What Will the Red Sox Starting Rotation Look Like in 2013?

Stephen Sikora@sjsikContributor IAugust 27, 2012

BOSTON, MA - AUGUST 01:  Andrew Miller #30 of the Boston Red Sox pitches against the Detroit Tigers during the game on August 1, 2012 at Fenway Park in Boston, Massachusetts.  (Photo by Jared Wickerham/Getty Images)
Jared Wickerham/Getty Images

The need for better pitching was the primary reason Boston completed its blockbuster transaction with Los Angeles last weekend. Not only did the Red Sox trade away a failing Josh Beckett and receive high-caliber pitching prospects in return, they also freed up salary that can be used to improve the pitching staff in the future.

As a result, the Red Sox rotation will have a much different look next season. Jon Lester and Clay Buchholz will undoubtedly be back as a one-two punch, but after those homegrown talents, the Sox will have some decisions to make regarding who will fill out the remaining spots.

The most likely candidate to be the No. 3 starter is Felix Doubront. After a stellar minor league career that included stints with Boston each of the past two seasons, the 24-year-old lefty was given the chance to start full-time in 2012.

He’s posted a 4.79 ERA and 1.47 WHIP this season, and while those figures aren’t great, his other numbers suggest he’s actually pitched better than his ERA indicates. He has a 3.89 xFIP this year, a statistic used to estimate ERA by only factoring in what the pitcher has full control over—home runs, walks and strikeouts—and adjusting the home run rate to league average.

Doubront’s HR/FB ratio is 15.6 percent, the fifth-worst mark among starters in the American League. That’s bound to come down next season. On the other hand, his K/9 rate is 8.9, the sixth best in the AL. Of the players above him—including CC Sabathia and Justin Verlander—only Francisco Liriano has a higher ERA.

If Doubront is a bit luckier next year and continues to improve, a 15-win season with a 4.00-4.20 ERA is not out of the question.

The next spot in the rotation may go to a pitcher the Red Sox will end up with in the Dodgers trade: Rubby De La Rosa.

Despite coming off of Tommy John surgery last season, De La Rosa still wields an upper-90s fastball. Before the injury, he posted a 3.71 ERA in 10 starts for L.A. in 2011, after starting the year in Double-A with an ERA of 2.93 and an 11.7 K/9.

If he can continue his upward trajectory, there’s no reason he can’t have success with the Red Sox.

Since he won’t officially join Boston until the offseason as he’s a “player to be named later” in the trade because he was previously claimed off waivers, the Sox will be looking closely at how he fares with the Dodgers in September.

Current Red Sox starter Franklin Morales also has a shot at the rotation next year. After pitching well out of the bullpen in the beginning of the season, Morales was summoned for a couple of spot starts and performed admirably. He’s since become a full-time rotation member, though he's had some poor outings as of late.

On the year, Morales has a 3.23 ERA as a reliever but 4.14 as a starter. The pressure is on for him to perform this month, as the Red Sox will evaluate whether or not he should be sent back to the pen.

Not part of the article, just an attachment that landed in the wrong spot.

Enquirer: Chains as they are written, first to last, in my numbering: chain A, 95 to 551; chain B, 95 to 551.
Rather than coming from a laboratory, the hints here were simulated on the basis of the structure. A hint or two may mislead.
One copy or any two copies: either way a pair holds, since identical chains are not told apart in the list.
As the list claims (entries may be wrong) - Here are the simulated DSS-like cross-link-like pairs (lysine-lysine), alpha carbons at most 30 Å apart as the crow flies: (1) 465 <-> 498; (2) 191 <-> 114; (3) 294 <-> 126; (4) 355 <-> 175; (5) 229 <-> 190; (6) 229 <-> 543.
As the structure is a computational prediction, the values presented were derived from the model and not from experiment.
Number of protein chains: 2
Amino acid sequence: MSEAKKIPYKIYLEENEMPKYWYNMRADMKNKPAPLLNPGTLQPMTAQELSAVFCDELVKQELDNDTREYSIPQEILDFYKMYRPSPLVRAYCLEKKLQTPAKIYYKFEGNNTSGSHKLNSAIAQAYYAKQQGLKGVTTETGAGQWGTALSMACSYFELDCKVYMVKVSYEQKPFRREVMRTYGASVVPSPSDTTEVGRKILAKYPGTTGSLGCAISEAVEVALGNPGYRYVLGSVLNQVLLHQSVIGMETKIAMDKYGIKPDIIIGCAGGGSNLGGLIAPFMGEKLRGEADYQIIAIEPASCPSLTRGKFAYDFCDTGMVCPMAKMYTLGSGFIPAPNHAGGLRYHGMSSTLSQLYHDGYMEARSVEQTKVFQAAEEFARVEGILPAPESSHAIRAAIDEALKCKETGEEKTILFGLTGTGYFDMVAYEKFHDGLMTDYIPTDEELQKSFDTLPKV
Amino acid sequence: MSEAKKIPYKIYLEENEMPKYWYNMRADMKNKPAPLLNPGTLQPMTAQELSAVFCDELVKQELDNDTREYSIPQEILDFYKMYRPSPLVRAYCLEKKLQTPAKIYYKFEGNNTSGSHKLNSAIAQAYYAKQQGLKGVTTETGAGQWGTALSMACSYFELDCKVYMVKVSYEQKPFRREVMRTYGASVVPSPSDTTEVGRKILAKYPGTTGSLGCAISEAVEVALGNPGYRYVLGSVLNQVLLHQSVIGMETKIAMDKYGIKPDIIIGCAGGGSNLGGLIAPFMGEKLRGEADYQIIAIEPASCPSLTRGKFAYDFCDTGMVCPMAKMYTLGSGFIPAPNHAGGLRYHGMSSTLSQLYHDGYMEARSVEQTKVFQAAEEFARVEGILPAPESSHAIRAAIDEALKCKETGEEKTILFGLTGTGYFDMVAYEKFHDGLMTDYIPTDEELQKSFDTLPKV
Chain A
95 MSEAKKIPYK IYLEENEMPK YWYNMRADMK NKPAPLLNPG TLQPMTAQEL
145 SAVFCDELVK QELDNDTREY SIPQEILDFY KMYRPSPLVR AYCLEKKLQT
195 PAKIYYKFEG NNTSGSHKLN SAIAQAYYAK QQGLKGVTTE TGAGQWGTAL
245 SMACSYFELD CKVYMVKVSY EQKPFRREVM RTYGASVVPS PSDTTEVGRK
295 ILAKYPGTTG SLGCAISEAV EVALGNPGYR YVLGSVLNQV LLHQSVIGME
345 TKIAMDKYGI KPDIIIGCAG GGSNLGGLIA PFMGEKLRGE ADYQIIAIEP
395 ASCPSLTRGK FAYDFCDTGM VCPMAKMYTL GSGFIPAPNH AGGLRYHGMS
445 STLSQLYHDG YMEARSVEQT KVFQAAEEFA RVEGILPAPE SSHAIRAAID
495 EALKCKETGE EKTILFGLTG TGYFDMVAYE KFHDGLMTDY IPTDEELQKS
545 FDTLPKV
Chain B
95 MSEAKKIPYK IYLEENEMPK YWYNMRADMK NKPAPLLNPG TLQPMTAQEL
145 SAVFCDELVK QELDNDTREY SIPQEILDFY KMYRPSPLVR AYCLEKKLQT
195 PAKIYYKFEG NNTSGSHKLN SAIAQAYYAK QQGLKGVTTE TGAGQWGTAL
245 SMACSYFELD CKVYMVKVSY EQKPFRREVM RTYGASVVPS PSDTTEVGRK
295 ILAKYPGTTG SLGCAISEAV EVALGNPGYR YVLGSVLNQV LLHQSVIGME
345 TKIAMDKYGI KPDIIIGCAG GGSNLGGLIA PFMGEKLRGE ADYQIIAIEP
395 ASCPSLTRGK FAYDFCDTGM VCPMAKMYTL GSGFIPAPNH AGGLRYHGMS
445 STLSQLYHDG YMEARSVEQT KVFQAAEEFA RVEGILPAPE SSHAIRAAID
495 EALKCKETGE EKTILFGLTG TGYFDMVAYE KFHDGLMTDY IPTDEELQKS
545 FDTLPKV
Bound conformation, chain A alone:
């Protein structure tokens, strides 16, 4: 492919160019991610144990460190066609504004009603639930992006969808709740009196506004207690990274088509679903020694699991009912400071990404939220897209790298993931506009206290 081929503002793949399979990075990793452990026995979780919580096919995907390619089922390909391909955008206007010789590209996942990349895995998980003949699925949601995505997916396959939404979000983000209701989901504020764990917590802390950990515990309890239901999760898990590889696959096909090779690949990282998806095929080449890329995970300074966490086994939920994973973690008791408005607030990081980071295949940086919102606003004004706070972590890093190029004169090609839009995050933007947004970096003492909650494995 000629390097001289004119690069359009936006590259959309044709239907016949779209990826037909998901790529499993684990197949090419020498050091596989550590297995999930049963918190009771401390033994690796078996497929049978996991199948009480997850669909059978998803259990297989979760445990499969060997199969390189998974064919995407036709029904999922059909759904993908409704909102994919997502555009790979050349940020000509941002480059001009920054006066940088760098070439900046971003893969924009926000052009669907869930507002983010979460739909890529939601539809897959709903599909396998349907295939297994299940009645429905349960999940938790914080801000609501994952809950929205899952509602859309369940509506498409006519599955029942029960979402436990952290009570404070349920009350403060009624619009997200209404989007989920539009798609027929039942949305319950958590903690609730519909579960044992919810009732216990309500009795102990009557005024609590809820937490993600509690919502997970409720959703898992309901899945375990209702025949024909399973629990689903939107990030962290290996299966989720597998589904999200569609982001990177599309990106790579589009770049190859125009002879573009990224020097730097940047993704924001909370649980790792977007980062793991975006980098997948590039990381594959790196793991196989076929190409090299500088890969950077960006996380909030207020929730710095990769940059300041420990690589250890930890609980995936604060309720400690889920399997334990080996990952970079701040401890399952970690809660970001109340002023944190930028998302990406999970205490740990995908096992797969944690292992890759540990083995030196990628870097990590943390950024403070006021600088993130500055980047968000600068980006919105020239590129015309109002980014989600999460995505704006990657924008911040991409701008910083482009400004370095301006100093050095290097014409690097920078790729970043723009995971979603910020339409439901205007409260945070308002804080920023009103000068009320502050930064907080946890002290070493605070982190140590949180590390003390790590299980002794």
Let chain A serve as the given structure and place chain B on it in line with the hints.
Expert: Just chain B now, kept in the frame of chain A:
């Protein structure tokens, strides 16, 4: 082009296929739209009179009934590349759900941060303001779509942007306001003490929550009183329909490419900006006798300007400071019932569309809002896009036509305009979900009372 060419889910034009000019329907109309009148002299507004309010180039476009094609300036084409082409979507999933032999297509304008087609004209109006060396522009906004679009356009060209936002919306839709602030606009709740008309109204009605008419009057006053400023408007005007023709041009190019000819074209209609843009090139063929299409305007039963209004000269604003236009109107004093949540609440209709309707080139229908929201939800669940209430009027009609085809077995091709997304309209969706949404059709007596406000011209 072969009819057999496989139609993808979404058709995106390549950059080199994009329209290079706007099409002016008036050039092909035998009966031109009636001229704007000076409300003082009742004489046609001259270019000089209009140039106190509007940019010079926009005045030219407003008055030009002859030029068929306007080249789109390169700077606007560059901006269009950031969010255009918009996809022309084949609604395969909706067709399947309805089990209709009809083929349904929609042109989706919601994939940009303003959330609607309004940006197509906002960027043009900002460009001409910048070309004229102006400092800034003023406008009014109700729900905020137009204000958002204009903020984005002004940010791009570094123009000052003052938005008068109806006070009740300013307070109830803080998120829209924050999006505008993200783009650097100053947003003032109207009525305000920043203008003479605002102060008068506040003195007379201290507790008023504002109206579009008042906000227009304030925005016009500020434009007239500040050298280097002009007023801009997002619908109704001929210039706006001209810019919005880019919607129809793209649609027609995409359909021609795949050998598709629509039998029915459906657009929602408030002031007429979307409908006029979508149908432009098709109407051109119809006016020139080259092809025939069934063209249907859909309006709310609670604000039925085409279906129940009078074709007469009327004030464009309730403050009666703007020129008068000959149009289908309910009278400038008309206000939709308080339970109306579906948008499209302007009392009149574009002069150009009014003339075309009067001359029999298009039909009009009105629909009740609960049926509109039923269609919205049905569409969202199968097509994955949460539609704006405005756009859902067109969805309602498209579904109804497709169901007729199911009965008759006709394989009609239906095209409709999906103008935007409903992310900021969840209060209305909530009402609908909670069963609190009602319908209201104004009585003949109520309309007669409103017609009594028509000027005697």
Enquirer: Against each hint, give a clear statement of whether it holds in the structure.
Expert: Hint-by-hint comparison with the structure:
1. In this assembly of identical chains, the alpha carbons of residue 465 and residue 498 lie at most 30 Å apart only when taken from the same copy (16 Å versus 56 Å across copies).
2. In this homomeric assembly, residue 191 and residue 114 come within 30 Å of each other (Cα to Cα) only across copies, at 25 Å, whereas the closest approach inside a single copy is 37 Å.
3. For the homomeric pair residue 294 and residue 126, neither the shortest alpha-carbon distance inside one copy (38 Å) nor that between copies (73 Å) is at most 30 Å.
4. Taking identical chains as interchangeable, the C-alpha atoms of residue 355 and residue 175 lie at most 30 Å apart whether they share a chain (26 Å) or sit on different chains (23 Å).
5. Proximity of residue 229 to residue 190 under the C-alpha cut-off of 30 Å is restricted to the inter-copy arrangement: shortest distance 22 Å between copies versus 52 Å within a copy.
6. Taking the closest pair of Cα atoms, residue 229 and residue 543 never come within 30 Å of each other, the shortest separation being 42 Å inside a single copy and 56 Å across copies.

Another Sox reliever, Andrew Miller, may have a chance at cracking the rotation next year. In 32 innings this season, he has a 2.76 ERA and 10.2 K/9. Miller was drafted sixth overall by Detroit in 2006, though he was rushed to the majors that same year and his development suffered.

Miller finally has his confidence back, and his pitching repertoire includes a high-90s fastball that blows by hitters. Although last year he started 12 games for Boston and put up a 5.54 ERA, the Red Sox may contemplate giving him another shot considering the success he’s had this year.

Another option is fan favorite John Lackey. He was horrendous in 2011, when he posted an MLB-high 6.41 ERA, and his 6.1 K/9 and 3.2 BB/9 were his worst marks in a full season.

Believe it or not, though, Lackey does have a track record of success. His career ERA is 4.10, and from 2005 to 2009, he went 69-38 with a 3.49 ERA. Sure, he hasn’t done well of late and will be 34 at the start of next season, but he’s the only other starting pitcher on the staff besides Buchholz and Lester who’s had a full season with an ERA under 4.00.

Some Sox fans may think Lackey’s contract is already a sunk cost, but the truth is he was once a good enough pitcher to get that contract. There’s certainly a chance he can have a productive season next year after undergoing Tommy John surgery.

There is another route the Red Sox could go. The club has plenty of money to spend this offseason after clearing nearly $60 million off the books for next year.

Zach Greinke is the biggest name on the market, though he’ll be asking for over $100 million. After clearing this much salary, it’s highly unlikely the Sox would make such an investment in a pitcher who has a 3.85 ERA over the past two seasons and may not be able to handle the Boston media.

Instead, the Red Sox could look for a middle-tier pitcher they can sign in the three-year/$30 million range. Potential free agents in that group include James Shields, Edwin Jackson and Brandon McCarthy.

Boston has a number of options regarding its 2013 starting rotation. After pulling off a trade that’s been lauded around baseball, Red Sox fans are eager for GM Ben Cherington’s next move as he tries to rebuild Boston into a playoff team.